New Jersey residents are getting healthier. Data released by United Health Foundation show that New Jersey ranks 8th in the country for overall health, its first time in the top ten.

Flickr User, Gary Knight
Flickr User, Gary Knight

New Jersey’s significant health improvement highlights its strengths, such as a decrease in the number of smokers and low infant mortality rates, but also its challenges, such as an increase in the number of children living in poverty.  The rankings also proved that even in areas where the state performed relatively well compared to other states, there is still much work to be done. For example, while New Jersey ranked 4th in the nation for low rates of obesity, the percentage of the population that is obese continues to grow.

"The state also ranks in the top ten for high school graduation rates, low levels of cancer and infectious diseases," said Dr. Anju Sikka, medical director at United Health Foundation.

 New Jersey’s Strengths

  • New Jersey has one of the lowest smoking rates (16.8%) in the U.S., ranking third among the states.
  • In the past ten years, infant mortality rates have decreased from 6.5 to 5.3 deaths per 1,000 live births, putting New Jersey in the top ten for states with low infant mortality rates.
  • New Jersey is 7th in the nation for having a high number of primary care physicians per capita, with 137.7 primary care physicians per 100,000 population.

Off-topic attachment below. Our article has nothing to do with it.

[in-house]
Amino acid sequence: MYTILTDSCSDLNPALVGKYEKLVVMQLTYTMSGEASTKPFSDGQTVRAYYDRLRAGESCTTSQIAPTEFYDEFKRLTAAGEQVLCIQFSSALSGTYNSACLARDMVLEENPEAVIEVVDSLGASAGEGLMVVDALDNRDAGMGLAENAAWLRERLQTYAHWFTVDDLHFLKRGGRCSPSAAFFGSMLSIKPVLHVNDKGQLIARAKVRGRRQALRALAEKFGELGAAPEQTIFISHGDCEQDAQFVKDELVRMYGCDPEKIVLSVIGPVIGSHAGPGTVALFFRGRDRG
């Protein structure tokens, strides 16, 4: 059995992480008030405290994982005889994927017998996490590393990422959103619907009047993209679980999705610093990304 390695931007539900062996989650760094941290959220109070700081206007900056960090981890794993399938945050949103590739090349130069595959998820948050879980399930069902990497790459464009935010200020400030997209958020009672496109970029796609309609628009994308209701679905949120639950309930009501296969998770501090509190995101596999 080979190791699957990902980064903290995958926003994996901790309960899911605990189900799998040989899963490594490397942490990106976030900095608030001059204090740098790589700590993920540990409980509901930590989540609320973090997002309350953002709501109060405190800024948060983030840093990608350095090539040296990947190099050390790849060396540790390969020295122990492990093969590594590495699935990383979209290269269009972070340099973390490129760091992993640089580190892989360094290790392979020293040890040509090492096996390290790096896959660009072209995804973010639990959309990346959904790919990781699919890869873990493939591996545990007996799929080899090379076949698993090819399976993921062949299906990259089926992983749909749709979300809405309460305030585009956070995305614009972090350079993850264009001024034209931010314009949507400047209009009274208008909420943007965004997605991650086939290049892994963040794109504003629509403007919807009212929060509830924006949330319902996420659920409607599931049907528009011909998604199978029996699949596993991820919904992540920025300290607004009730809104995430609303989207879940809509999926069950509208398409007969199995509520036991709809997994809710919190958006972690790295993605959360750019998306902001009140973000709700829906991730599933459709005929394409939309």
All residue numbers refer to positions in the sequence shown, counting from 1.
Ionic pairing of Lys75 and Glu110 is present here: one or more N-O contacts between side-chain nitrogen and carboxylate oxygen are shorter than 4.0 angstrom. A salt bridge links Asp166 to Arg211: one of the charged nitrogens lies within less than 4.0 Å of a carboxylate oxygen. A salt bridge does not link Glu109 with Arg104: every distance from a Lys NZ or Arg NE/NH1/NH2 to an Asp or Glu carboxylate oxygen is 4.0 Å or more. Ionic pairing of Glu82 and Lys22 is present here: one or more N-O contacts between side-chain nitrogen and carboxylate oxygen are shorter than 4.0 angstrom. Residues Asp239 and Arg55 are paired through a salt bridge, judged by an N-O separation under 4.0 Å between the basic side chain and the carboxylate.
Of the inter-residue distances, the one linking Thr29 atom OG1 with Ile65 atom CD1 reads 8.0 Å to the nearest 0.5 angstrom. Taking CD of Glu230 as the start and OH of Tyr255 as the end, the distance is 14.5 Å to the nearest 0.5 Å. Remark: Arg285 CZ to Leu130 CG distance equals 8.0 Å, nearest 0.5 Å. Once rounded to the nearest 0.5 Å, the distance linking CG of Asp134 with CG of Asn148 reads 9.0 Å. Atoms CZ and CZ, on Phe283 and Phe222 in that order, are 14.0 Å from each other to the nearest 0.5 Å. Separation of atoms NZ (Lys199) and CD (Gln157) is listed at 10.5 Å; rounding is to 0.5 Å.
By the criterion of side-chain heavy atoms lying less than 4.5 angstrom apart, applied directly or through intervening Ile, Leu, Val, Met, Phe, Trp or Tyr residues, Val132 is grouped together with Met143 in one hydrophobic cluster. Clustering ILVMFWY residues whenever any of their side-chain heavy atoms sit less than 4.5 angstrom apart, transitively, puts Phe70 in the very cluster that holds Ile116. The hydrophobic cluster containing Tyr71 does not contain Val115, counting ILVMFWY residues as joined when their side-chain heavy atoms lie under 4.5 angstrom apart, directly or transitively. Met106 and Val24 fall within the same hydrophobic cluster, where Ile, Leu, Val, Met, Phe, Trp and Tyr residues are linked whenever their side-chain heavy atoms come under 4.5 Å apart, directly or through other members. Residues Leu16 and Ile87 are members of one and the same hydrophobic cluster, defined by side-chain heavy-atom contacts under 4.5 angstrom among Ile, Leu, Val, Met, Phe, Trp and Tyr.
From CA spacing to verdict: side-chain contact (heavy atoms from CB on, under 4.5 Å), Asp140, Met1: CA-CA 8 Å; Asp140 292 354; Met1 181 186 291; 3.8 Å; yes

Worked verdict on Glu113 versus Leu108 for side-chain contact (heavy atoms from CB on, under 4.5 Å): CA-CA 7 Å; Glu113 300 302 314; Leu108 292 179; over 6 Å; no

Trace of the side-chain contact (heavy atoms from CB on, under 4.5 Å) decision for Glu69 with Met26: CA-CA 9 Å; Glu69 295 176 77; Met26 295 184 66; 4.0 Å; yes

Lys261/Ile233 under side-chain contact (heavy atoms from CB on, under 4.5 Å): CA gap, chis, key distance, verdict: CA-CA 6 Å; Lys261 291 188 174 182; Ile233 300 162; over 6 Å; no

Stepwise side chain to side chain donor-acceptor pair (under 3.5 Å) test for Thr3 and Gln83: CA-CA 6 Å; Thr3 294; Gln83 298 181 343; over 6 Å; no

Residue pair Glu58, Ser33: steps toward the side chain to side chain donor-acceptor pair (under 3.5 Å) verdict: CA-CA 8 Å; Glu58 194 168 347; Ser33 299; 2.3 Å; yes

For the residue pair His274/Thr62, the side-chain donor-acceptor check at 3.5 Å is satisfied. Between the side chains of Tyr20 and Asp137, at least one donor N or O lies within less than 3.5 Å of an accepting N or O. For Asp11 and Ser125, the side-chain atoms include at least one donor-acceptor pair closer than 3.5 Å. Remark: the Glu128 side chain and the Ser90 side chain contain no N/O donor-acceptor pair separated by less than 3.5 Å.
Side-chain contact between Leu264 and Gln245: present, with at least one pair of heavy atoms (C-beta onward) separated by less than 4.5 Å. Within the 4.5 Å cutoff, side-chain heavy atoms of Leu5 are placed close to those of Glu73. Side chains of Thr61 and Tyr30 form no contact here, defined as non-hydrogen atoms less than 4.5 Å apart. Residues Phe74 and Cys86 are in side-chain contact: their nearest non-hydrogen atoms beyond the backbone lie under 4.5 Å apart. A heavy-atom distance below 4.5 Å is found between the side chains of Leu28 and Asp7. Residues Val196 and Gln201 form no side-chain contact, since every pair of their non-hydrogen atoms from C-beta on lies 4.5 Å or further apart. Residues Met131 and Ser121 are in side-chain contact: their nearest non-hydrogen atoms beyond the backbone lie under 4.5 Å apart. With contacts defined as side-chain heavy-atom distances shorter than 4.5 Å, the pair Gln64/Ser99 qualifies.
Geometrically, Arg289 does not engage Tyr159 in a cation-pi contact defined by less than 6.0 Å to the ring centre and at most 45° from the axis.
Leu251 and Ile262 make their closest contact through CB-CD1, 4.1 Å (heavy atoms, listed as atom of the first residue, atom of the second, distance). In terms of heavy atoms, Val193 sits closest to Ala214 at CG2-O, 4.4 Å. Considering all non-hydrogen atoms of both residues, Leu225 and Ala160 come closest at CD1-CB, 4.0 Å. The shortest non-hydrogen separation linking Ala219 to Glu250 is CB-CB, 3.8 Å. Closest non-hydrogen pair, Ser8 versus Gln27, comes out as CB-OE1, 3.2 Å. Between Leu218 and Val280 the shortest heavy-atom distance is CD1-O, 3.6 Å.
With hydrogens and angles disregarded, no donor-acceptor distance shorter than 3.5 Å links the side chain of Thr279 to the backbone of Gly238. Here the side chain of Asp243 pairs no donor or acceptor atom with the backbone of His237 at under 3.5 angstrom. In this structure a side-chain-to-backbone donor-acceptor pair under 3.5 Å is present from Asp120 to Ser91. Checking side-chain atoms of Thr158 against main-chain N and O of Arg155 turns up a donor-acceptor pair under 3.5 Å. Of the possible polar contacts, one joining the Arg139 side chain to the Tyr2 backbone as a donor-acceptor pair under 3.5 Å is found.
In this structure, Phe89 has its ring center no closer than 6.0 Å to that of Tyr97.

New Jersey’s Challenges

  • The percent of children living in poverty has risen over the last year from 12.8 to 17.4 percent. Ten years ago, only 9.1 percent of children were living in poverty.
  • Although New Jersey has lower obesity rates than most other states, the numbers have continued to rise steadily over the past 10 years, with 23.7 percent of New Jersey adults now identifying themselves as obese.

“America’s Health Rankings shows us that we’re making progress in New Jersey in areas such as smoking cessation and maternity and infant care,” said Dr. Sikka. “But it also shows us that we have to pay more attention than ever to health education about nutrition, especially for the increasing number of children living in poverty and may be struggling to get proper nutrition they need to grow up healthy. The results also point out the need to overcome cultural and language barriers to help all segments of the population better manage their health care.”


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